Small business financing is usually built around the purpose of the funds. That’s why asset acquisition loans offer you options with fairly long terms and amortizing payments. It gives you low monthly overhead and allows you to reach a return faster by avoiding a full out-of-pocket payment upfront. It’s also why financing that aims to provide working capital tends to be built around the business cycle of your actual company. For those who do a lot of credit card sales and other electronic transactions, a merchant cash advance is a popular option.

What Is an MCA?

An advance against your merchant account is pretty much exactly what it sounds like. You get cash to work within the short term, the lender gets a percentage of the account’s income until repayment terms are met. Usually, there is also an interest cost.

These advances are designed for short-term capital infusions so the interest rates are high when figured as annual costs. For a couple of months, though, the financing typically works out to be quite affordable.

Risks and Benefits of Merchant Account Advances

One of the biggest benefits of using a merchant cash advance over a traditional bank loan is the speed of approvals. MCAs are designed for fast approval based on your income and your company’s financial health. Some programs even manage to run approvals in as little as 48 hours. For regular customers, it can become even faster.

MCAs are useful when you need capital to hire short-term help or load up on inventory because they are based on your income averaged over a few months, so healthy companies can get a significant sum when it’s needed to make the most of a profit opportunity. They do have risks, though.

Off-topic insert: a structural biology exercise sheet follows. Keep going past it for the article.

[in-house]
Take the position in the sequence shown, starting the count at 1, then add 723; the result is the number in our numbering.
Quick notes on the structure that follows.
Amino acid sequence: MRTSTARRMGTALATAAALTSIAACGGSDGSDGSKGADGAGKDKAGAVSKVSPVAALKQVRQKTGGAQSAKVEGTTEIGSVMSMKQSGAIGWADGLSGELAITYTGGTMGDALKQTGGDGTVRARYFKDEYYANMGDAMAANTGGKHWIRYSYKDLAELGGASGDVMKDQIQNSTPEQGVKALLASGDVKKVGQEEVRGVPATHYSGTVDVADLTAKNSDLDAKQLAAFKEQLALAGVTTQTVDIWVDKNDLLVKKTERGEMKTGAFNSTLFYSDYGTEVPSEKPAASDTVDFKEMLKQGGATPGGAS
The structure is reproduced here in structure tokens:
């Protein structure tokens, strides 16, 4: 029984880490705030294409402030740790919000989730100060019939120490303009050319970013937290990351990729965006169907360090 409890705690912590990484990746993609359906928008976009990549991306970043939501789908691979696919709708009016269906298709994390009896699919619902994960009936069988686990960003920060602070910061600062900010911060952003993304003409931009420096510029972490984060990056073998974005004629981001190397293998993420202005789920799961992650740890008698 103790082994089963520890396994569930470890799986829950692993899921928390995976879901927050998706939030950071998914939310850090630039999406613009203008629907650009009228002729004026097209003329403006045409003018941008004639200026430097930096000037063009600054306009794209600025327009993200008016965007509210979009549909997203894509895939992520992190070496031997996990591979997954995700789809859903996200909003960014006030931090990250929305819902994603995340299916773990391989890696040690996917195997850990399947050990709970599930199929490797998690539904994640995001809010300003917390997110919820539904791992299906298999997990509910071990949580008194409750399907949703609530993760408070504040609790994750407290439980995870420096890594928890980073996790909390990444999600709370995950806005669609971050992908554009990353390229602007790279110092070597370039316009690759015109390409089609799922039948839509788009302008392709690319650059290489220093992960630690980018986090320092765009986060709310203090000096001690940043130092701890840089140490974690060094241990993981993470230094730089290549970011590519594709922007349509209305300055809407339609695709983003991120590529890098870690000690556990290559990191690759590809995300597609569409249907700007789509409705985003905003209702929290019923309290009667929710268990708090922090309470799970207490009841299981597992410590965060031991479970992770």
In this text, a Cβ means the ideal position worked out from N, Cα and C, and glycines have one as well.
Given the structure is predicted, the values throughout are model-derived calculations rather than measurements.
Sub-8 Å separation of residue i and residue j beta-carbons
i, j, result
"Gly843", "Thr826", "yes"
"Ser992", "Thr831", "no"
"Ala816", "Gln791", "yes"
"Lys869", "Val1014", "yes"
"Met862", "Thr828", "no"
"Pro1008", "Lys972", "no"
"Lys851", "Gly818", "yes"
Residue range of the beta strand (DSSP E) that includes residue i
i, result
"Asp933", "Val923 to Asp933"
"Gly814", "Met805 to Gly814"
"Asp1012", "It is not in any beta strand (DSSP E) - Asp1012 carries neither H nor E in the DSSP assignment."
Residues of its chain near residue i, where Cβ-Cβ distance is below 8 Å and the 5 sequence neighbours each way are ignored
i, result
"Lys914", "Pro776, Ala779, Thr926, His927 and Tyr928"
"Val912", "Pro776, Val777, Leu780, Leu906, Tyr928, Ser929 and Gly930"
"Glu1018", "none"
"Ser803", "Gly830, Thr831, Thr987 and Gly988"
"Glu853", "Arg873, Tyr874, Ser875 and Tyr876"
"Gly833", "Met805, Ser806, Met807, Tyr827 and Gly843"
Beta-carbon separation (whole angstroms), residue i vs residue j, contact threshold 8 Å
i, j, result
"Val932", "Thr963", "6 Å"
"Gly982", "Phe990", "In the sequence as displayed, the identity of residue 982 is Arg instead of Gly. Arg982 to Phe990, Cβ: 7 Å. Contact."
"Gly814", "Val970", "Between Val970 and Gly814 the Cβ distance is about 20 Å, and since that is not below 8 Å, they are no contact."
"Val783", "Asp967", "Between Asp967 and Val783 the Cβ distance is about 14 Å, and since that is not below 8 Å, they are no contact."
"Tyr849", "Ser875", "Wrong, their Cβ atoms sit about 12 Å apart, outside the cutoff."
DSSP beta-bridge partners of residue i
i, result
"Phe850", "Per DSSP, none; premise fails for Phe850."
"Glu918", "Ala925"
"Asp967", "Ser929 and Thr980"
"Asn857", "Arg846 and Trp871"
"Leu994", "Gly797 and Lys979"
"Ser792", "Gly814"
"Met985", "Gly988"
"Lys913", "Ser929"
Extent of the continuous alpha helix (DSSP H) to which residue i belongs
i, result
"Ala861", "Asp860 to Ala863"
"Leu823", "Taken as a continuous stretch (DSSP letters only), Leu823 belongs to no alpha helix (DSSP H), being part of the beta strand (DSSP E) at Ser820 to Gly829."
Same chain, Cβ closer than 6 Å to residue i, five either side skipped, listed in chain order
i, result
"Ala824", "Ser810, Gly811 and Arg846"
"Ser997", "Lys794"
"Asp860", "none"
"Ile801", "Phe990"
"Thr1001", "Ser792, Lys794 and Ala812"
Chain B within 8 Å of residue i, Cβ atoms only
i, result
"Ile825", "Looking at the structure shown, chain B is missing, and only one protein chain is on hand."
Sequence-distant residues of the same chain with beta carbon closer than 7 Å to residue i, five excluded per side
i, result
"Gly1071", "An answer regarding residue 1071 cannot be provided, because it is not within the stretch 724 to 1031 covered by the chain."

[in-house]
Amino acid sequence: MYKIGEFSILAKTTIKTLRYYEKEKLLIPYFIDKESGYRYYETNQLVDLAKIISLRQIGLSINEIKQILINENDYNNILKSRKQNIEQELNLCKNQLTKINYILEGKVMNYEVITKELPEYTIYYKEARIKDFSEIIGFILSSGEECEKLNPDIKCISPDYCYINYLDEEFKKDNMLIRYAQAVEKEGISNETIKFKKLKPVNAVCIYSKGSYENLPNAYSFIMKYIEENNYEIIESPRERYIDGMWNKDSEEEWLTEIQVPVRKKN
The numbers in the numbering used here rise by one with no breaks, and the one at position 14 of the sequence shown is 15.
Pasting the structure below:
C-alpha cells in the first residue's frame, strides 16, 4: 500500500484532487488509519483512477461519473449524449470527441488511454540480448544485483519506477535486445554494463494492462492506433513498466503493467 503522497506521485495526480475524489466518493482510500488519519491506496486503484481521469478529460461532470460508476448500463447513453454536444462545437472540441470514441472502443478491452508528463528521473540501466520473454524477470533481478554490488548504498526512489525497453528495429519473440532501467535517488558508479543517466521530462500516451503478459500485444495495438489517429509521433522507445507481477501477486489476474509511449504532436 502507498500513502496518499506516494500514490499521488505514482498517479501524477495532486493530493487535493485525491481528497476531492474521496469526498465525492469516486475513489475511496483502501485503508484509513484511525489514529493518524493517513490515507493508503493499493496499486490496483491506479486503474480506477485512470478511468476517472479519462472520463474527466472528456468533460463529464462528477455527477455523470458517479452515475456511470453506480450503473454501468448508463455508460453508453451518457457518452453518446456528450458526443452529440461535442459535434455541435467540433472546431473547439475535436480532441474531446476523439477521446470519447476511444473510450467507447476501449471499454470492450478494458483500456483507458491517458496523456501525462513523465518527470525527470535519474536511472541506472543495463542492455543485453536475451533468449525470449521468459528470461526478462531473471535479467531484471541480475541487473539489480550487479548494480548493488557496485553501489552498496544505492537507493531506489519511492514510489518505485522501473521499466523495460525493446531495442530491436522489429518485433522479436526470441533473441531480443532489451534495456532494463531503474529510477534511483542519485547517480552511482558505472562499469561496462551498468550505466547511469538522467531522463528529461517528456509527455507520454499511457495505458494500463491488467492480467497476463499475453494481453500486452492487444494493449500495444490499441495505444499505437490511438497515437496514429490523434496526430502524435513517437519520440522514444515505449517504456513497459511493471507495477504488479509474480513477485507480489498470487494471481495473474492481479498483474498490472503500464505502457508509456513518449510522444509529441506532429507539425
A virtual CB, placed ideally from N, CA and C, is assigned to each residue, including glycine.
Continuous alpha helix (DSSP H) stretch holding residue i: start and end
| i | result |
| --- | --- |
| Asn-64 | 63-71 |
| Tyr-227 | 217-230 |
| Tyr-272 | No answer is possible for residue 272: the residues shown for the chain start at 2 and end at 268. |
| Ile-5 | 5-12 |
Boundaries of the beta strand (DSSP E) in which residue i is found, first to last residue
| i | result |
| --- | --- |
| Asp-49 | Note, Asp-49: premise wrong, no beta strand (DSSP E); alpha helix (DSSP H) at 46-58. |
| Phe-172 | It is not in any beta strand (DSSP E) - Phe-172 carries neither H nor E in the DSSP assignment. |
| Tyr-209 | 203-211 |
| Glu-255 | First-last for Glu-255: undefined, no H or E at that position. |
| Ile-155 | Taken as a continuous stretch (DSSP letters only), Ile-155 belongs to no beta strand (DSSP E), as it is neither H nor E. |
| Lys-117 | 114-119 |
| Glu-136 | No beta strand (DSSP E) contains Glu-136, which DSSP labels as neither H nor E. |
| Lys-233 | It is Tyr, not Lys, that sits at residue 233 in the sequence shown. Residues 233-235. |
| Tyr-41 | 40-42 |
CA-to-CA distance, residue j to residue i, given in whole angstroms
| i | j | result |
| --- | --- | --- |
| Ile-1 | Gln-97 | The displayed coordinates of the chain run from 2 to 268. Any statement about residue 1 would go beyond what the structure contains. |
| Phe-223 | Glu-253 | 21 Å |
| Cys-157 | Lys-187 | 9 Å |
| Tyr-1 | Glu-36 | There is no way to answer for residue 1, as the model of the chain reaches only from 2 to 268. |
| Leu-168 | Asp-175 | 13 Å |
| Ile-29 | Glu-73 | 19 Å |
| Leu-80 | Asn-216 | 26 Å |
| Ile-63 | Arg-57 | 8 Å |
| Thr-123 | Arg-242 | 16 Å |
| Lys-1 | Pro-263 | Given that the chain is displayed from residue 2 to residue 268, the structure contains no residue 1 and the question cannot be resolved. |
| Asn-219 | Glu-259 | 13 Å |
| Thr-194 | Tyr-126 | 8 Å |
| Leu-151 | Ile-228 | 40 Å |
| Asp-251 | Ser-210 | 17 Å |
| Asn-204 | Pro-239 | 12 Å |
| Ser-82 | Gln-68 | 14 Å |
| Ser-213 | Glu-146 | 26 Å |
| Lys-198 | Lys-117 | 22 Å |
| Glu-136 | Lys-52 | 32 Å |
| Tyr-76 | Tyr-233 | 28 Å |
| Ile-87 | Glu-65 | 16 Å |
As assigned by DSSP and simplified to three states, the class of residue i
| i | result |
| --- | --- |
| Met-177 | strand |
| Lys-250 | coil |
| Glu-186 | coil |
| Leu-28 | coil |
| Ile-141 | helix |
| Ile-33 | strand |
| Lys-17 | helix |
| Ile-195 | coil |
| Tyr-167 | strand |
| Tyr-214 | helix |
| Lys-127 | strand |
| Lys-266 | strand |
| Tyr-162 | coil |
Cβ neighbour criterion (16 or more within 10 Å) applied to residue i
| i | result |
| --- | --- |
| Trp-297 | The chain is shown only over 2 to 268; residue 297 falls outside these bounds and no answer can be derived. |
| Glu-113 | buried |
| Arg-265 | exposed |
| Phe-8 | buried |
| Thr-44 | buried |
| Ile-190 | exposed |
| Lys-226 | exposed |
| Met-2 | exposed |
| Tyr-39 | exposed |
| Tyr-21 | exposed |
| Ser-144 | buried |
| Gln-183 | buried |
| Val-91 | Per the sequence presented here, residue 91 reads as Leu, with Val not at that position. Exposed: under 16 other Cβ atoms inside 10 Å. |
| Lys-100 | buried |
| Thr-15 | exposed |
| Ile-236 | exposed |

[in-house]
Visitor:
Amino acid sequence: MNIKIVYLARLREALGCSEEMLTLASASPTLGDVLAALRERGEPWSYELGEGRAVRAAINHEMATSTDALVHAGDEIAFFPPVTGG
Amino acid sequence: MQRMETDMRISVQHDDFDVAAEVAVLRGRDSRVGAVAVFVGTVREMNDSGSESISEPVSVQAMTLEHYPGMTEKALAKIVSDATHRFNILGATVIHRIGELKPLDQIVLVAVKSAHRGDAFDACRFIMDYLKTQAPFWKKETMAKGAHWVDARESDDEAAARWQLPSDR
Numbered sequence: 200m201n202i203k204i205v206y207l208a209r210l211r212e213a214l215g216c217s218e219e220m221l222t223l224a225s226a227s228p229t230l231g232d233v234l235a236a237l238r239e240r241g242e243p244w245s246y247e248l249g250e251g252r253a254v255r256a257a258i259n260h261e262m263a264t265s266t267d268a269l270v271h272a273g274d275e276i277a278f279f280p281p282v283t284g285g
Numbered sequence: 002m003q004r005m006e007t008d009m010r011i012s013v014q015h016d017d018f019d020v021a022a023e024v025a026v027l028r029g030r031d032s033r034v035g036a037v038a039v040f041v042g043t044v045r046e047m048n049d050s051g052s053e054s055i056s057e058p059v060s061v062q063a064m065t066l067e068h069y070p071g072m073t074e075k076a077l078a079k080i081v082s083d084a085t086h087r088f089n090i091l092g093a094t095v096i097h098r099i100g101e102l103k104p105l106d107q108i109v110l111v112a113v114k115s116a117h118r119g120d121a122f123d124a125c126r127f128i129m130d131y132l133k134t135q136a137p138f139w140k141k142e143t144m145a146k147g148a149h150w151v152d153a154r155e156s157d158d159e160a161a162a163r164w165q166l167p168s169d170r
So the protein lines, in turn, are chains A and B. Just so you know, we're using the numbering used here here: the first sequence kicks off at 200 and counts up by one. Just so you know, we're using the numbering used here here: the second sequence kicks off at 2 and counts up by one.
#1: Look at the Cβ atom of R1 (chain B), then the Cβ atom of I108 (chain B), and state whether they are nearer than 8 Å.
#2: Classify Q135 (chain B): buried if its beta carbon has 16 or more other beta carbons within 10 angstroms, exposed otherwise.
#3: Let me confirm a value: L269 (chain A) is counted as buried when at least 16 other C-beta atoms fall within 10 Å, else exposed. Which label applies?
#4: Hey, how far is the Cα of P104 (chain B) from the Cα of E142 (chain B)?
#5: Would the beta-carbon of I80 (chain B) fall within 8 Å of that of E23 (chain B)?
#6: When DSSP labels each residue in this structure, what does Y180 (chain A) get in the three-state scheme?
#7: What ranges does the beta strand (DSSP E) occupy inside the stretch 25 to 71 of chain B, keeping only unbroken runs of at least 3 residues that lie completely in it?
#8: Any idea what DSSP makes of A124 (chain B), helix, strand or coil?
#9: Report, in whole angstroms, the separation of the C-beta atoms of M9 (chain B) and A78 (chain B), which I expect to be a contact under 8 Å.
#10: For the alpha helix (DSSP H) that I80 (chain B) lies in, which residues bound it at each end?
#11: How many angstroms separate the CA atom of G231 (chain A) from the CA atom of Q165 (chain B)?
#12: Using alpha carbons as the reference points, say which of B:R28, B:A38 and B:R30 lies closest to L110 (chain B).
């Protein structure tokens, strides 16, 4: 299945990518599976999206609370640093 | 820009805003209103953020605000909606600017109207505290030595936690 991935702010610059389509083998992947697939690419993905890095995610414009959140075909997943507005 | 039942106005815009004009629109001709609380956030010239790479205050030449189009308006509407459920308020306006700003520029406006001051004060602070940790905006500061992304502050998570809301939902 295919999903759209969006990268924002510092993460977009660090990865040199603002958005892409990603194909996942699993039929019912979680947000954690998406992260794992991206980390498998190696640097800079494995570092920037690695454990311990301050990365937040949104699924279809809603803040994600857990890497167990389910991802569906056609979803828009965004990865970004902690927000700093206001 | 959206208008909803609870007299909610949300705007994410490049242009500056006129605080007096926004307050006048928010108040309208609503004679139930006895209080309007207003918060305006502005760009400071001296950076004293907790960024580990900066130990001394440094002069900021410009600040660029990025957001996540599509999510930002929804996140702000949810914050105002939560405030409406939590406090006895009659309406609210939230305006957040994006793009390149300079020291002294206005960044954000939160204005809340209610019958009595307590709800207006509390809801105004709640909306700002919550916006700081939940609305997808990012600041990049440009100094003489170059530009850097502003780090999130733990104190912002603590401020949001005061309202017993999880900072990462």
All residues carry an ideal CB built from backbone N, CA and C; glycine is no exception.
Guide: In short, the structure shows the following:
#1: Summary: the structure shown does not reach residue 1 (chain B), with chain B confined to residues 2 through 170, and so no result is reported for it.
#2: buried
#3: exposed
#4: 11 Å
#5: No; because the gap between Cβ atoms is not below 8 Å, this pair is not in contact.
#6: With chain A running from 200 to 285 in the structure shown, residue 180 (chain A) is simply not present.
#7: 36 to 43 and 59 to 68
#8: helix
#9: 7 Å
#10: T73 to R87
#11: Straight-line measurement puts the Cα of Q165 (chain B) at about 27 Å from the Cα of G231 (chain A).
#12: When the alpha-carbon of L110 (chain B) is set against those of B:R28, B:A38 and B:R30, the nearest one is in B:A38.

These advances are short-term working capital instruments, they are not secured beyond their attachment to a business asset, and as such, they do have a relatively high cost of capital annually. If you are unsure of your ability to make repayment quickly when business picks up or a predictable demand surge comes your way, there may be better cash flow management options for you. If you know your company’s demand cycle and the time your applications correctly, though, the merchant cash advance is a powerful tool.

Applying for an MCA

Since the MCA is based on your merchant account income, you will need to show bank statements substantiating that income. Credit checks are also usually a part of the process, but they do not tend to be the make-or-break criteria even if the lender does check personal and business scores. It’s more a way of assessing your ability to meet the overhead costs you have while repaying the MCA according to its structure. Once that is substantiated, determinations are quite fast.